"The Obama Doctrine is a form of realism unafraid to deploy American power but mindful that its use must be tempered by practical limits and a dose of self-awareness. Those are the limits that defenders of the recent past have trouble accepting."

Not to Be Trusted

By Dan Froomkin
11:57 AM ET, 04/16/2009

Today's revelation in the New York Times that the National Security Agency engaged in "significant and systemic" violations of the nation's already highly relaxed surveillance laws manages to be both shocking and unsurprising at the same time.

Shocking because of the vast amounts of information apparently involved -- as well as the specific targeting of American citizens, including even a member of Congress.

But unsurprising because critics predicted that the removal of direct judicial oversight from the surveillance process would result in just such abuses. You simply can't trust government officials working in complete secrecy to police themselves, no matter what the circumstances -- or who the president is.

Eric Lichtblau and James Risen write in the New York Times: "The National Security Agency intercepted private e-mail messages and phone calls of Americans in recent months on a scale that went beyond the broad legal limits established by Congress last year, government officials said in recent interviews.

"Several intelligence officials, as well as lawyers briefed about the matter, said the N.S.A. had been engaged in 'overcollection' of domestic communications of Americans. They described the practice as significant and systemic, although one official said it was believed to have been unintentional."

But that's not all. As if recklessly and illegally sweeping up massive amounts of private communications wasn't enough, Lichtblau and Risen also describe what appears to be intentional and illegal NSA targeting of Americans -- including a member of Congress.

"[I]n one previously undisclosed episode, the N.S.A. tried to wiretap a member of Congress without a warrant, an intelligence official with direct knowledge of the matter said.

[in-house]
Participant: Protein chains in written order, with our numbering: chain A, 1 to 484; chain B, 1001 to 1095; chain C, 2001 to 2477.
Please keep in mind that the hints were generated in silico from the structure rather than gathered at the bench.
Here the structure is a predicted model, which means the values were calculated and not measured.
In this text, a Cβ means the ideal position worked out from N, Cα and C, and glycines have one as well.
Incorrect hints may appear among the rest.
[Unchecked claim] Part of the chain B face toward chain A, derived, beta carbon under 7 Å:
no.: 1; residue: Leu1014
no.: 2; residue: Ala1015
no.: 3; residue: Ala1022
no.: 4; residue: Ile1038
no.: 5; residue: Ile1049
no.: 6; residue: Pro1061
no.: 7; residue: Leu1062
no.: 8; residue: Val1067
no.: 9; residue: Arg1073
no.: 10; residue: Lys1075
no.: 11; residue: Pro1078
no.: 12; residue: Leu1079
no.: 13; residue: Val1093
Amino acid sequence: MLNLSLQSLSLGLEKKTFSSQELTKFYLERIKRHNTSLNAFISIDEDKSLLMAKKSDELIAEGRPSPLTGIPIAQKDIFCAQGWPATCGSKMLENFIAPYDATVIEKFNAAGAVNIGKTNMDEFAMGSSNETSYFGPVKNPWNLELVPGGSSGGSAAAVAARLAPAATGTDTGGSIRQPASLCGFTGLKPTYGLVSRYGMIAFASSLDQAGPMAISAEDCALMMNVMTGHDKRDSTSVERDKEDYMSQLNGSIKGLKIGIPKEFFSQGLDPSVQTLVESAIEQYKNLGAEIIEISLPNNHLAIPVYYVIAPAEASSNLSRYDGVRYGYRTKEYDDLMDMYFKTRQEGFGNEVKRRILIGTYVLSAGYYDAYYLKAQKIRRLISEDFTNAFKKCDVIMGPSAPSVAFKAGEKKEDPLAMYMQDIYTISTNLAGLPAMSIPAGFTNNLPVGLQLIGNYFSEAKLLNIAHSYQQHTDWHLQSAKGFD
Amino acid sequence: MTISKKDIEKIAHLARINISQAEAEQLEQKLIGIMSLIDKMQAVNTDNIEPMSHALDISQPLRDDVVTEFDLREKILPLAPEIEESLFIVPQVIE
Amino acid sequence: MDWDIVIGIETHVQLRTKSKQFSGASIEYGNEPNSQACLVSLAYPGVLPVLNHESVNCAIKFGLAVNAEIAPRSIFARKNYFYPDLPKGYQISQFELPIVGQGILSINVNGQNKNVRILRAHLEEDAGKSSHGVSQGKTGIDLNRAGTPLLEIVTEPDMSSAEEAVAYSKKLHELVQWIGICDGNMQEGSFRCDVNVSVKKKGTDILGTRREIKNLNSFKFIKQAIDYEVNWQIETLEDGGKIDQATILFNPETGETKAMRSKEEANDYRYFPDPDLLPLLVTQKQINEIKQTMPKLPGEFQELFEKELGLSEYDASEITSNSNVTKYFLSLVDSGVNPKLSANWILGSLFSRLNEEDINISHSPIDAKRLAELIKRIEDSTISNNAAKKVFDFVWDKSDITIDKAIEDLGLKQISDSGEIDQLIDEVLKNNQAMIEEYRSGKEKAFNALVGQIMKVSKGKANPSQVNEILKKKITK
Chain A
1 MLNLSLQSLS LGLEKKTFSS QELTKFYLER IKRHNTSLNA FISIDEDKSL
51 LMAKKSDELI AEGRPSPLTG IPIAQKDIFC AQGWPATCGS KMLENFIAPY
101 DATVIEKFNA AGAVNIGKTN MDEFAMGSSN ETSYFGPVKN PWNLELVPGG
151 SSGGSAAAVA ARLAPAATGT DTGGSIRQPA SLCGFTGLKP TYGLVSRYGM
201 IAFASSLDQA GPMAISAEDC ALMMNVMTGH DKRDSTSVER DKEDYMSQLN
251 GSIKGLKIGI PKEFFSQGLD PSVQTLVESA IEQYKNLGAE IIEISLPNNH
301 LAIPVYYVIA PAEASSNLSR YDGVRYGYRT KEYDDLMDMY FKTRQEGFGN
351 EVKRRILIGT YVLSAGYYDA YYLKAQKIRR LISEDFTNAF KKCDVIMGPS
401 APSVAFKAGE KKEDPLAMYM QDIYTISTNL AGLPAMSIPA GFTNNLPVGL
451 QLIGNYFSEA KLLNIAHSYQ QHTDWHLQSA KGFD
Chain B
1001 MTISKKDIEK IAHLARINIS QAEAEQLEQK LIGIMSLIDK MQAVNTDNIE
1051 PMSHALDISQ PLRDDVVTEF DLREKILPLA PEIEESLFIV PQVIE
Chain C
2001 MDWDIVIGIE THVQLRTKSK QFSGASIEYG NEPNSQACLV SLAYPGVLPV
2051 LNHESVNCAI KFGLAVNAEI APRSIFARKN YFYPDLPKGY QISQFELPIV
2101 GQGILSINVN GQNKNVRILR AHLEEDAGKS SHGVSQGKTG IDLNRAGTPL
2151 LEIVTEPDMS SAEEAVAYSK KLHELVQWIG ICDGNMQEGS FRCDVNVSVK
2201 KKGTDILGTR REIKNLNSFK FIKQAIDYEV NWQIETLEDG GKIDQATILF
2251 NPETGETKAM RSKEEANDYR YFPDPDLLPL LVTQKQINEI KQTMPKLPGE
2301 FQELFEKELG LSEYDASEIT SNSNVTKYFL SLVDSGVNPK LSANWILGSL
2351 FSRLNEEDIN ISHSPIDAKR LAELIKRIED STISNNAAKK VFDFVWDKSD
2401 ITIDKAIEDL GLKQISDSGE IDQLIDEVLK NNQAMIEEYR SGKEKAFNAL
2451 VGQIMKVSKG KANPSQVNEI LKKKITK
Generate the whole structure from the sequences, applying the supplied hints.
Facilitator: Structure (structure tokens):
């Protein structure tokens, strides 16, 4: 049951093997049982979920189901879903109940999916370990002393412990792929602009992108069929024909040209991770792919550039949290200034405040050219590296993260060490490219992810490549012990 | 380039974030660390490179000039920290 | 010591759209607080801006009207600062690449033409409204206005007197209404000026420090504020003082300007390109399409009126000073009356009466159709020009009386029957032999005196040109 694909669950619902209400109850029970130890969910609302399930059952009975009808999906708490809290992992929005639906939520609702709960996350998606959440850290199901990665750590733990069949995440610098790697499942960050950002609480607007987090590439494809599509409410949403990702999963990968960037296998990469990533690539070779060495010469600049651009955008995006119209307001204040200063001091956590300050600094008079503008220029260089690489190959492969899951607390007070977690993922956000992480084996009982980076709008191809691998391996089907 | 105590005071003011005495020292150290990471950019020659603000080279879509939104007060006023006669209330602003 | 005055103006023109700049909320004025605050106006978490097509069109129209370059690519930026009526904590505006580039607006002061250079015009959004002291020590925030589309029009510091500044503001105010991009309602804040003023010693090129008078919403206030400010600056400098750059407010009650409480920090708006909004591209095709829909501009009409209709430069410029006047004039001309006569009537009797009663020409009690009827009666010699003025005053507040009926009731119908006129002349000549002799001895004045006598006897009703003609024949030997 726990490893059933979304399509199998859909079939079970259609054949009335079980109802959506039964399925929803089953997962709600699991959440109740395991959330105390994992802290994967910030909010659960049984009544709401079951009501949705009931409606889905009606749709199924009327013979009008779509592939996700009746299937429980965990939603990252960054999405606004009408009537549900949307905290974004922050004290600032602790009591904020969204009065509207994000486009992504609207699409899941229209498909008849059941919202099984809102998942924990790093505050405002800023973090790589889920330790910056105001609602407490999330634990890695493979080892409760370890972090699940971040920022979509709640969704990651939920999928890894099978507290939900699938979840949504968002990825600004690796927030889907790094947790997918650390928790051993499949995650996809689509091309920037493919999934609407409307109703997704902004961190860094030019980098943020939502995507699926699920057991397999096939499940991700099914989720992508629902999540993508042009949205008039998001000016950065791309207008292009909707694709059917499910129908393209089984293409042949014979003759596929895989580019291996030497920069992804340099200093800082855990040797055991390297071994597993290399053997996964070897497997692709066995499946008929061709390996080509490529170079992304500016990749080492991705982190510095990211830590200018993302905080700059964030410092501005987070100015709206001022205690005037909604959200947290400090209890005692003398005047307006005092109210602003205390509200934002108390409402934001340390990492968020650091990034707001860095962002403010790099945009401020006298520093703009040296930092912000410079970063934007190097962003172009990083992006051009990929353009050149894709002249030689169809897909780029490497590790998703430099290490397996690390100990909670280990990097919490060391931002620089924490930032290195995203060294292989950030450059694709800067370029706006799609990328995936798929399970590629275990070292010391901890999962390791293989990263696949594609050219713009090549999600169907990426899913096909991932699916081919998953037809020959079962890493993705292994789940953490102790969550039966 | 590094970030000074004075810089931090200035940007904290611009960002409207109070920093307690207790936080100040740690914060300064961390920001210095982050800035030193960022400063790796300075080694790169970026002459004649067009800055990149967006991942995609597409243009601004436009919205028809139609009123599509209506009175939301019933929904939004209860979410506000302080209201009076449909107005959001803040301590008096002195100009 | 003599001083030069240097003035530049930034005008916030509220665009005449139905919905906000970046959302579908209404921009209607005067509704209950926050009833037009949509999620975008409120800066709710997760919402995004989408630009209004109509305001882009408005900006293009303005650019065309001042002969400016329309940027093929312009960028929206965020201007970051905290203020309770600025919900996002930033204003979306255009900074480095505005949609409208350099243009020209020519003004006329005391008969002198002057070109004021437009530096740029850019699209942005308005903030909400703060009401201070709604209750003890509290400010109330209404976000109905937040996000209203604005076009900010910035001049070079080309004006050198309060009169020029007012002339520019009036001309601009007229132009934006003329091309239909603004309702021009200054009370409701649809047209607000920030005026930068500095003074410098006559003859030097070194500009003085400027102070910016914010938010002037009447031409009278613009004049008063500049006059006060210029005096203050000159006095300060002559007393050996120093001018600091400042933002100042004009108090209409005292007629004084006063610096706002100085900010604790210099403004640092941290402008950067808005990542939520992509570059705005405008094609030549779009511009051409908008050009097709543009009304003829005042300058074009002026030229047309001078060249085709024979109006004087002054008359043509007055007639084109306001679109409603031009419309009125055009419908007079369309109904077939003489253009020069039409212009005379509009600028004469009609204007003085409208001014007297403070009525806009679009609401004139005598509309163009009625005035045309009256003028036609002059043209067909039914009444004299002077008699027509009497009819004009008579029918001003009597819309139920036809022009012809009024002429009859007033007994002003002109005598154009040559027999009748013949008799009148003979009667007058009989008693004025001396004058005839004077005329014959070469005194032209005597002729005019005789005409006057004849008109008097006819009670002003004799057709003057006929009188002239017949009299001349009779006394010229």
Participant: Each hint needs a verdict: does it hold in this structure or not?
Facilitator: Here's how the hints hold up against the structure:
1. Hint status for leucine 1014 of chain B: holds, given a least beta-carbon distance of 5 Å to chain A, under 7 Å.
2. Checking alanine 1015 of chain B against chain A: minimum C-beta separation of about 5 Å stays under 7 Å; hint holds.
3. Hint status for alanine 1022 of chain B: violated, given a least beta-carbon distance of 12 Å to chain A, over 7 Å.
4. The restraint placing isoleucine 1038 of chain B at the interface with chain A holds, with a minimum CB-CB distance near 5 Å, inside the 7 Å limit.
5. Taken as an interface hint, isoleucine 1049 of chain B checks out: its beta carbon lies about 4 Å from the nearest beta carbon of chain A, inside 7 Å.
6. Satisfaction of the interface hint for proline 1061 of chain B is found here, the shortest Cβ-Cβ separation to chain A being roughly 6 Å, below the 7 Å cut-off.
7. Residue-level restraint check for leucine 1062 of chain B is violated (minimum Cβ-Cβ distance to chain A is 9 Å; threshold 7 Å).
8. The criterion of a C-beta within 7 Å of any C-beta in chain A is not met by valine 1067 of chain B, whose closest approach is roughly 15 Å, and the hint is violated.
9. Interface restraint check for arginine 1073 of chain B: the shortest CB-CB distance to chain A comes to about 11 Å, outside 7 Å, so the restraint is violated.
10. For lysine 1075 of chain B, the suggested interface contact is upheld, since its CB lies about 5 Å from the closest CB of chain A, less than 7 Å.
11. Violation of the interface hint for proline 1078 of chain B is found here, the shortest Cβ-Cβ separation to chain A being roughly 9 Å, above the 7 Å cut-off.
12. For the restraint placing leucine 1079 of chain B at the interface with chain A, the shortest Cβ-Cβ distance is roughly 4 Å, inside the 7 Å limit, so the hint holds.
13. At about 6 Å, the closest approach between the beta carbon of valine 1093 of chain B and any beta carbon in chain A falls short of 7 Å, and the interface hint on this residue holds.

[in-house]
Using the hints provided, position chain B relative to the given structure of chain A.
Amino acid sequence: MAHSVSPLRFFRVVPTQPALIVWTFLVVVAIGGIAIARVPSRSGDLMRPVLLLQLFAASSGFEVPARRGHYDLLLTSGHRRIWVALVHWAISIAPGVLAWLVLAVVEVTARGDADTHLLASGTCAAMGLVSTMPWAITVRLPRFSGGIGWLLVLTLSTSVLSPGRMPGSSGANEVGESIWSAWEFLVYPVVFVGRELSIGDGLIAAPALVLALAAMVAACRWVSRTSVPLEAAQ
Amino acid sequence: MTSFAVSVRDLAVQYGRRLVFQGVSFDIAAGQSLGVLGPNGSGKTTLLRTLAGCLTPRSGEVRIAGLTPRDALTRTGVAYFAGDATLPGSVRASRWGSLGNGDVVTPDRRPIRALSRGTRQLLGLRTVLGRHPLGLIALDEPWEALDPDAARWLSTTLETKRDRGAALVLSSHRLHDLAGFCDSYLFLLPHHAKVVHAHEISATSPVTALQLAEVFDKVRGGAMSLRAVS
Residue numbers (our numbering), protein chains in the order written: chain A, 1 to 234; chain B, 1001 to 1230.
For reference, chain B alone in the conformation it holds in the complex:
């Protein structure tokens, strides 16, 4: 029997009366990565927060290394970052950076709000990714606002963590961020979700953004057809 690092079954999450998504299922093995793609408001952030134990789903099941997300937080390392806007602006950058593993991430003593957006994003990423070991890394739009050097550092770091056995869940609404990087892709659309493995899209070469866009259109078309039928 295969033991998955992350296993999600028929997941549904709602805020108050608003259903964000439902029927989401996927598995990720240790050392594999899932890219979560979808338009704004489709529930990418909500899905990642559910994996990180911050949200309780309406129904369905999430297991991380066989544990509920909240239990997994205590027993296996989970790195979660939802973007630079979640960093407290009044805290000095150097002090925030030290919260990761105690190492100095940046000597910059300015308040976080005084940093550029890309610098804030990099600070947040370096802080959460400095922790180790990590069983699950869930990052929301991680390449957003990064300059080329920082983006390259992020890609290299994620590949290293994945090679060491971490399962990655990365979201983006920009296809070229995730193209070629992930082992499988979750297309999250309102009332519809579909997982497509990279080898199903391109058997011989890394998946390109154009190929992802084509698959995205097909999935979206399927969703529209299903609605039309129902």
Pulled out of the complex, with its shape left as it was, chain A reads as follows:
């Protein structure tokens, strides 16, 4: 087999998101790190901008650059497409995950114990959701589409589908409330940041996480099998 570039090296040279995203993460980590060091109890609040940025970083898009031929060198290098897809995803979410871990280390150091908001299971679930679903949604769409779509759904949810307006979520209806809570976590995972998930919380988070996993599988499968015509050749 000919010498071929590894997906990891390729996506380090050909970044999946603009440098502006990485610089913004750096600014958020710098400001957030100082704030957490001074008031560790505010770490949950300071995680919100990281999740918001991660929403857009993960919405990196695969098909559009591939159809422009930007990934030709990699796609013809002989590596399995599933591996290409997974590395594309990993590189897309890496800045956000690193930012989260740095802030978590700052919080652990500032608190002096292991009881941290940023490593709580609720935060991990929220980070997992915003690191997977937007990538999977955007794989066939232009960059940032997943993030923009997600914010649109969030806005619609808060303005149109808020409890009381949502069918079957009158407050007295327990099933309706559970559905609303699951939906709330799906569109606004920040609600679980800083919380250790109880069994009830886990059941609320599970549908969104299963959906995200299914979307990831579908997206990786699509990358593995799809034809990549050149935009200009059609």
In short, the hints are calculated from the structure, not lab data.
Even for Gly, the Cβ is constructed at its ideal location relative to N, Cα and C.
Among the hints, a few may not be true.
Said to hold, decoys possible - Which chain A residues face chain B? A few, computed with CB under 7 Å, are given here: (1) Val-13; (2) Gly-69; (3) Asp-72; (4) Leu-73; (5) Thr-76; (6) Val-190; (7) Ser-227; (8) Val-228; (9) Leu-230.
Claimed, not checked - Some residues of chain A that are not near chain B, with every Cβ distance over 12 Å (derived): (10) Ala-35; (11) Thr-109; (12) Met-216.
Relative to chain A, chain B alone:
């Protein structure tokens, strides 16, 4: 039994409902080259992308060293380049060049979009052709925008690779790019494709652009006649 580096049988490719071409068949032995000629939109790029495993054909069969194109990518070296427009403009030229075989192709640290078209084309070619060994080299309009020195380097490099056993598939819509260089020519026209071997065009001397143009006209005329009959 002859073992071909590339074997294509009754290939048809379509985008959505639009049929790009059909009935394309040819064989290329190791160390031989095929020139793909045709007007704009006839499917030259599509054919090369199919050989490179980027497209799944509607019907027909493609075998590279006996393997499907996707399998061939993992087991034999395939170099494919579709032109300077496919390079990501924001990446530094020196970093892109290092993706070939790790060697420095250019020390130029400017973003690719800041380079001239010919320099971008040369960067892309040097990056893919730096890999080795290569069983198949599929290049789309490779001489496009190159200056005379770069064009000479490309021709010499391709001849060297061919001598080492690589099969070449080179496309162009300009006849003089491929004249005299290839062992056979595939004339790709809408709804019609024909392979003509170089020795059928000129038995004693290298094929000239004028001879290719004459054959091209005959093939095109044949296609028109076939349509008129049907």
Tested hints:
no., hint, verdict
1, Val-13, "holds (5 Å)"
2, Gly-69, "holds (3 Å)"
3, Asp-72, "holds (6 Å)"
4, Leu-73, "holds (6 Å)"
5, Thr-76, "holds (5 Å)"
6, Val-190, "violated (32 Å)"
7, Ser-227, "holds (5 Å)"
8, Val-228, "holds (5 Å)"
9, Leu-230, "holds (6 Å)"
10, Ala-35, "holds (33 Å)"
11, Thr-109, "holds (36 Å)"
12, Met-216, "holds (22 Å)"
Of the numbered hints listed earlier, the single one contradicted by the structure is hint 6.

"The agency believed that the congressman, whose identity could not be determined, was in contact — as part of a Congressional delegation to the Middle East in 2005 or 2006 — with an extremist who had possible terrorist ties and was already under surveillance, the official said. The agency then sought to eavesdrop on the congressman’s conversations, the official said."

And that's not all. As part of a Justice Department investigation, "a senior F.B.I. agent recently came forward with what the inspector general's office described as accusations of 'significant misconduct' in the surveillance program, people with knowledge of the investigation said. Those accusations are said to involve whether the N.S.A. made Americans targets in eavesdropping operations based on insufficient evidence tying them to terrorism."

Several liberal bloggers warned of precisely this sort of abuse by government officials freed of the judicial oversight that the Constitution generally demands, first by fiat of the president, and then by an act of a supine Congress in June 2008.

Glenn Greenwald blogs today for Salon: "Everyone knew that the FISA bill which Congressional Democrats passed -- and which George Bush and Dick Cheney celebrated -- would enable these surveillance abuses. That was the purpose of the law: to gut the safeguards in place since the 1978 passage of FISA, destroy the crux of the oversight regime over executive surveillance of Americans, and enable and empower unchecked government spying activities. This was not an unintended and unforeseeable consequence of that bill. To the contrary, it was crystal clear that by gutting FISA's safeguards, the Democratic Congress was making these abuses inevitable."